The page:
Chris Anthony Leachman knows the toll COVID-19 has had on the homeless population. He’s lived it and has seen enough to know he wants no part of it.
He still goes to the men’s shelter occasionally but has spent the last four months sleeping outside by Central Library.
“I ain’t trying to get too close to people,” he said while sitting on a bench outside of the city-county building. “I just stay out here.”
Leachman, 38, who’s been homeless since shortly before Christmas last year, said he’s picky about what food he gets from drop-off locations for fear that it could be contaminated.
He keeps up with the news from his cell phone, which has internet, and whatever he hears in the shelter and at the grocery store when he wanders around.
“It’s kinda hard out here because it is out here,” Leachman said of the disease. “You got people getting sick. You got a lot of people getting coronavirus.”
Beyond anecdotes from the people who are actually living through the COVID-19 pandemic without permanent housing, there isn’t a clear, unified picture of how the disease has impacted those experiencing homelessness.
Shelters and other service providers, along with local and state partner agencies, that are part of the Homeless Management Information System (HMIS) report health screenings, tests administered, positive tests and other metrics, which are tracked by Indianapolis Continuum of Care.
As of May 27, there were 164 positive COVID-19 tests. Most test results were entered by a safe recovery site operated by the Indiana Family and Social Services Administration (FSSA).
But the data doesn’t capture the full impact of COVID-19 on those experiencing homelessness, according to Chelsea Haring-Cozzi, executive director of the Coalition for Homelessness Intervention and Prevention (CHIP), which tracks the data on behalf of Indianapolis Continuum of Care.
That’s because there are people who get tested by the health department or at a hospital but never go to the safe recovery site, and the service provider they worked with didn’t enter them into the data tracking system.
HMIS has “fairly broad coverage” in Indianapolis, Haring-Cozzi said, but doesn’t have 100% participation among shelters and others provided.
At Wheeler Mission Ministries, the largest shelter network in the county, there have been about 16 positive cases among staff and about 30 more among men staying in the shelters, according to William Bumphus, director of the men’s shelter.
Those numbers include a shelter in Bloomington, but Bumphus said almost all of the organization’s positive cases have come from Indianapolis.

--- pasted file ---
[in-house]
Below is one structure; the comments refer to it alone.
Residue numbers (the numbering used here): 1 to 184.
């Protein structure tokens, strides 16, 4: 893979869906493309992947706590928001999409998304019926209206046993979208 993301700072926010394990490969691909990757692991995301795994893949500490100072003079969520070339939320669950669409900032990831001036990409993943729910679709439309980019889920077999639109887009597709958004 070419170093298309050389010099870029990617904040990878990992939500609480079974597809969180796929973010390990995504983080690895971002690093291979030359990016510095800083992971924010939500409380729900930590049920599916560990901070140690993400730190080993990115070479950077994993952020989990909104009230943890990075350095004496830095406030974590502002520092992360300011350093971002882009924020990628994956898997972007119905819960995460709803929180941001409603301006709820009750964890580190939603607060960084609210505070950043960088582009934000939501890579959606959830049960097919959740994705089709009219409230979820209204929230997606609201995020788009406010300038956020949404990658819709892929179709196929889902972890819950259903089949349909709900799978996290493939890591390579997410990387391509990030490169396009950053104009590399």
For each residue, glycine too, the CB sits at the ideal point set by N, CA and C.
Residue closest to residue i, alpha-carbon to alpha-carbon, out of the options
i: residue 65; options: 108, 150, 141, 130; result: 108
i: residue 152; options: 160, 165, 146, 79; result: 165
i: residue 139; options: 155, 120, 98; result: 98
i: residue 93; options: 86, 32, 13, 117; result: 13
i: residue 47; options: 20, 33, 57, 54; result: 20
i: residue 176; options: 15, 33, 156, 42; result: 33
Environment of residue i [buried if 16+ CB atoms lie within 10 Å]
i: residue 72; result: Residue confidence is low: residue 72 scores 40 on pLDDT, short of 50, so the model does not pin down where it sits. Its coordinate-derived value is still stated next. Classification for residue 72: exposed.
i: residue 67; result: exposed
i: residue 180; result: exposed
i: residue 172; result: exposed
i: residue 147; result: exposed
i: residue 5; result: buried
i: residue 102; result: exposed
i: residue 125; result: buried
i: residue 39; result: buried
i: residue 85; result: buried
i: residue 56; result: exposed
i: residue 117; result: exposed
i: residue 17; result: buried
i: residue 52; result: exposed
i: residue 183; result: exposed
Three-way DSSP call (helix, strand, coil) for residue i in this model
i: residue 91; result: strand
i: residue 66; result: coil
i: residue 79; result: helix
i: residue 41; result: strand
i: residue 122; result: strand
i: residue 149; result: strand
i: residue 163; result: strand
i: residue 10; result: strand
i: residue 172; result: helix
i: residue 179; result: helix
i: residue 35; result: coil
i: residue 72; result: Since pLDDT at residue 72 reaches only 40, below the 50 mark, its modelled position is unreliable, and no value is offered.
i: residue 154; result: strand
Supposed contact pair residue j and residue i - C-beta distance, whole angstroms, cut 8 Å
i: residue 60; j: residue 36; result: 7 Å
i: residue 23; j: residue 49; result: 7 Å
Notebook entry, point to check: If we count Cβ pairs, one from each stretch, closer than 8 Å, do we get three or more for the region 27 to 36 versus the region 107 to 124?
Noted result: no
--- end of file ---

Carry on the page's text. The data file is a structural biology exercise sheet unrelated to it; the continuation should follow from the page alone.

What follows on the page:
Horizon House, which offers basic needs such as food and water and does street outreach, did not say if any of the people they’ve served have tested positive, citing privacy concerns.
“However, a number of individuals who have been served by Horizon House over the past 2 months have reported COVID-19 symptoms and/or had known exposure to the virus,” Leslie Kelley, director of programs, said in a statement.
At Family Promise of Greater Indianapolis, which can serve 30 people at a time, one person had symptoms of COVID-19 but tested negative, according to the shelter’s executive director, Mike Chapuran.
The Recorder also reached out to other shelters and service providers but did not get a response.
The county health department doesn’t track how many people experiencing homelessness have tested positive.
“To my knowledge, we don’t have data on the number of COVID-19 positive cases in the county among the homeless,” Curt Brantingham, a spokesperson from the health department, said in an email.
Shelters and outreach providers are supposed to do a health screening on visitors and contact the county health department if further evaluation is required, Brantingham said.
From there, the health department does further screening to determine if a COVID-19 test is necessary. If so, testing is arranged at the safe recovery site.
The recovery site accepts people experiencing homelessness, as well as victims of domestic violence and others.
The site had served 300 people as of May 26, the state’s Joint Information Center told the Recorder.
Keeping track of how many people experiencing homelessness have tested positive for COVID-19 is difficult, in part, because of people like Leachman who are homeless but don’t have much interaction with the shelters.
Amber Ames, executive director of Stopover Inc., which provides emergency shelter and other services to homeless teenagers and young adults, said the organization has simply lost connection with some of its normal clients.
The emergency shelter has room for eight youth ages 12 to 17. Most of those referrals for the shelter, as well as a transitional housing program, come from the school system, though, which hasn’t served students in person since mid-March.
“It almost feels like they’ve gone off the grid a little bit,” Ames said.
There haven’t been any COVID-19 cases at Stopover Inc. as of May 21, according to Ames, and the emergency shelter is still at capacity.
Whatever toll COVID-19 and the resulting economic collapse have had on the homeless population could become significantly worse in July, when the state’s moratorium on evictions is set to expire.
Plus, July is usually when there’s a surge in homelessness, Chapuran said.
Tax refunds start running out, landlords are less lenient than they are in the colder winter months, and parents can miss work because they can’t find child care with schools out for the summer.
Contact staff writer Tyler Fenwick at 317-762-7853. Follow him on Twitter @Ty_Fenwick.
Chris Anthony Leachman, who has been homeless since shortly before Christmas, sits outside of the city-county building. (Photo/Tyler Fenwick)